Prolonged exposure therapy for combat-posttraumatic stress disorder: An examination of treatment effectiveness for veterans of the wars in Afghanistan and Iraq

Department of Psychiatry and Behavioral Sciences, Medical University of South Carolina, Charleston, South Carolina, United States
Journal of anxiety disorders (Impact Factor: 2.68). 11/2010; 25(3):397-403. DOI: 10.1016/j.janxdis.2010.11.002
Source: PubMed

ABSTRACT The Veteran's Health Administration (VHA) has launched a large-scale initiative to promote prolonged exposure (PE) therapy, an evidence-based treatment for PTSD. While existing randomized controlled trials (RCTs) unambiguously support the efficacy of PE in civilian and some military populations, there is a need to better understand the course of treatment for combat Veterans of the current wars receiving PE in normative mental healthcare settings. The current study investigates 65 Veterans receiving care at an urban VA medical center. All Veterans were diagnosed with PTSD via a structured interview and treated with PE. Measures of PTSD and depression were collected pre- and post-treatment and every two sessions during treatment. Dependent means t-tests were used to estimate pre- and post-treatment d-type effect sizes. Additionally, hierarchical linear models (HLM) were used to investigate treatment effects over time, relationships between patient characteristics and outcomes, and to provide estimates of R(2)-type effect sizes. Results indicate that PE in regular VA mental healthcare contexts can be as effective as when implemented in carefully conducted RCTs.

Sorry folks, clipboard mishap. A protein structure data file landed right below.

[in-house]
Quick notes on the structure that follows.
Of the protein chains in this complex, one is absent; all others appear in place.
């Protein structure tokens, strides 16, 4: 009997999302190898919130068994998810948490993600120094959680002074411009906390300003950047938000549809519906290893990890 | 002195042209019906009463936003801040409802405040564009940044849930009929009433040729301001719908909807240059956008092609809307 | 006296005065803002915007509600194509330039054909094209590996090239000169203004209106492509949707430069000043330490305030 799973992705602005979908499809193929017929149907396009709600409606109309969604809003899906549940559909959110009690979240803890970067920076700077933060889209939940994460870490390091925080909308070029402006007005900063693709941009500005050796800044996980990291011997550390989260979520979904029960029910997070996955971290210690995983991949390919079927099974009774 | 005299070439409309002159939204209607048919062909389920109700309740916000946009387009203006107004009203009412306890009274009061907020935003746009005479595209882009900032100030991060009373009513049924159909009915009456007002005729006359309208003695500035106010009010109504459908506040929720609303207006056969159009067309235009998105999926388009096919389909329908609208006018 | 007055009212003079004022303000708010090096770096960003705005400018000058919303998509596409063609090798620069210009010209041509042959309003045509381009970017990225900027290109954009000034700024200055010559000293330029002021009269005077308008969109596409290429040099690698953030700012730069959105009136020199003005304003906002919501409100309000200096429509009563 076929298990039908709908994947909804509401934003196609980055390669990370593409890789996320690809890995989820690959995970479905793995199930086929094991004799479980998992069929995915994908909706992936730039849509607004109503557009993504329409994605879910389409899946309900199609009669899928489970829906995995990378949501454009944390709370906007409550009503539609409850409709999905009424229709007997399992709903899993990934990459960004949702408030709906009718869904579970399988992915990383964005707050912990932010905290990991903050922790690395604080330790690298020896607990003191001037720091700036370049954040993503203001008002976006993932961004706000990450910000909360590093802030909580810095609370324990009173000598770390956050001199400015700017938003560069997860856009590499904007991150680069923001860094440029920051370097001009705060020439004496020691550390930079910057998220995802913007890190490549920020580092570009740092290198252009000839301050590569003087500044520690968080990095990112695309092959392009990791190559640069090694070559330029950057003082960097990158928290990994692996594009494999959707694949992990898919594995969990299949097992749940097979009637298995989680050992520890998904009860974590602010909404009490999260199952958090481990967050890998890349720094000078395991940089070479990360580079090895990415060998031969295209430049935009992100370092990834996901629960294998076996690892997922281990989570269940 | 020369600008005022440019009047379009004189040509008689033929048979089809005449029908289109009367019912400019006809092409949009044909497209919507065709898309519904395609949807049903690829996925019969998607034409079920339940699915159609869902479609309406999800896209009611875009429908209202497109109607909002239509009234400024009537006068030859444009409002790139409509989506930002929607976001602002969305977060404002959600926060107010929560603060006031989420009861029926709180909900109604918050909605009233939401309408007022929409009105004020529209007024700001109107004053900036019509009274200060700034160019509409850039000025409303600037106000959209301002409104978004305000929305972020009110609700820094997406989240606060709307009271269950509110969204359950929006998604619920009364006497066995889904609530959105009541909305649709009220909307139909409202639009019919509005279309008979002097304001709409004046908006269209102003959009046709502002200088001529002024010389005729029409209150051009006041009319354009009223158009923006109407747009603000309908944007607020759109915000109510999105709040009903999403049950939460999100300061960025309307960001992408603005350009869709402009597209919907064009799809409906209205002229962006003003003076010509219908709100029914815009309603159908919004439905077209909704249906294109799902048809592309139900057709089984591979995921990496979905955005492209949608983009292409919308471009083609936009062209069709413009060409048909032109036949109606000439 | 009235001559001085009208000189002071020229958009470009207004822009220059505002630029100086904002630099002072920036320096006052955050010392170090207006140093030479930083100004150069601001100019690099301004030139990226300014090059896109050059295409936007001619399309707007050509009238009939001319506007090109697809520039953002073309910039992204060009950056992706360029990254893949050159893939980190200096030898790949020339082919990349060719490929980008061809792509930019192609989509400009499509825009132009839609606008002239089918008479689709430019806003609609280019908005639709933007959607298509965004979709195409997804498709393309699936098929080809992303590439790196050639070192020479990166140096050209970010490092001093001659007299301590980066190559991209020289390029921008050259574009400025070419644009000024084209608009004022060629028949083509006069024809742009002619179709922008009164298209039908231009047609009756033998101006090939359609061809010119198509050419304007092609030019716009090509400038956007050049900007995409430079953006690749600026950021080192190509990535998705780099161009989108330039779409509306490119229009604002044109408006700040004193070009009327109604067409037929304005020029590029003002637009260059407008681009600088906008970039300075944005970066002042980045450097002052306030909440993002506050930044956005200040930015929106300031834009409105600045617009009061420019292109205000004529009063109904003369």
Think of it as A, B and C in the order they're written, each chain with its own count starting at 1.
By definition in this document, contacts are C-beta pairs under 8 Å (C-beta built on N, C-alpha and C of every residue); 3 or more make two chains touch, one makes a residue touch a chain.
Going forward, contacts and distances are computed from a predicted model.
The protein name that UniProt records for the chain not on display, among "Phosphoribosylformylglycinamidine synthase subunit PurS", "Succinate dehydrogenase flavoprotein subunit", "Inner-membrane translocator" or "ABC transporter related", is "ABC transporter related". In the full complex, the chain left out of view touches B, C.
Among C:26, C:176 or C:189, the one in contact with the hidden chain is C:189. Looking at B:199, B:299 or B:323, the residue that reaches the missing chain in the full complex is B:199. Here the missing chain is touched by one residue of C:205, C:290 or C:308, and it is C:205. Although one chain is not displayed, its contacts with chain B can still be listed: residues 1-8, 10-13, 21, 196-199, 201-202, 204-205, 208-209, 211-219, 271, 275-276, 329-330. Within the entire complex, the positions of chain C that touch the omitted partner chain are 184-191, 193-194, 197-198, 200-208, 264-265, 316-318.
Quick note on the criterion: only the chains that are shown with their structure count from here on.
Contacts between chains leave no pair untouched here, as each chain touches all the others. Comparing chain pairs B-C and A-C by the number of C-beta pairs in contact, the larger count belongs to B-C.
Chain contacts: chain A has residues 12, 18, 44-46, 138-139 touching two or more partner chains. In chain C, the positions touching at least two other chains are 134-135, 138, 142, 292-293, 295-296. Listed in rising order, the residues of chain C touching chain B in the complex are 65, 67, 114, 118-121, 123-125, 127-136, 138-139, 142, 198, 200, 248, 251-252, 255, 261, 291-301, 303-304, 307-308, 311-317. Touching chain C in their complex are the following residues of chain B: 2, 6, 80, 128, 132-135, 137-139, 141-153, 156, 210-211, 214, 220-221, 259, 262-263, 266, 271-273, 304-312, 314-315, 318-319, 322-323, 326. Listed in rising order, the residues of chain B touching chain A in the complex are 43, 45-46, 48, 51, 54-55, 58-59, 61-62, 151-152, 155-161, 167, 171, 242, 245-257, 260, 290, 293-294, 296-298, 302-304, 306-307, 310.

1 Follower
24 Reads
  • Source
    • "The size of the effects found are similar to clinical care effect sizes reported in the VA's implementation of individual PE and our own published individual therapy data (d = 0.86, Eftekhari et al., 2013; d = 1.13, Sripada et al., 2013), but are smaller than some of other recent reports in VA samples (e.g., d = 2.19, Rauch et al., 2009; d = 2.07, Tuerk et al., 2011). Differences in effect sizes between these studies likely related to the specific subsamples of study, as well as the level of experience with PE at various sites. "
    [Show abstract] [Hide abstract]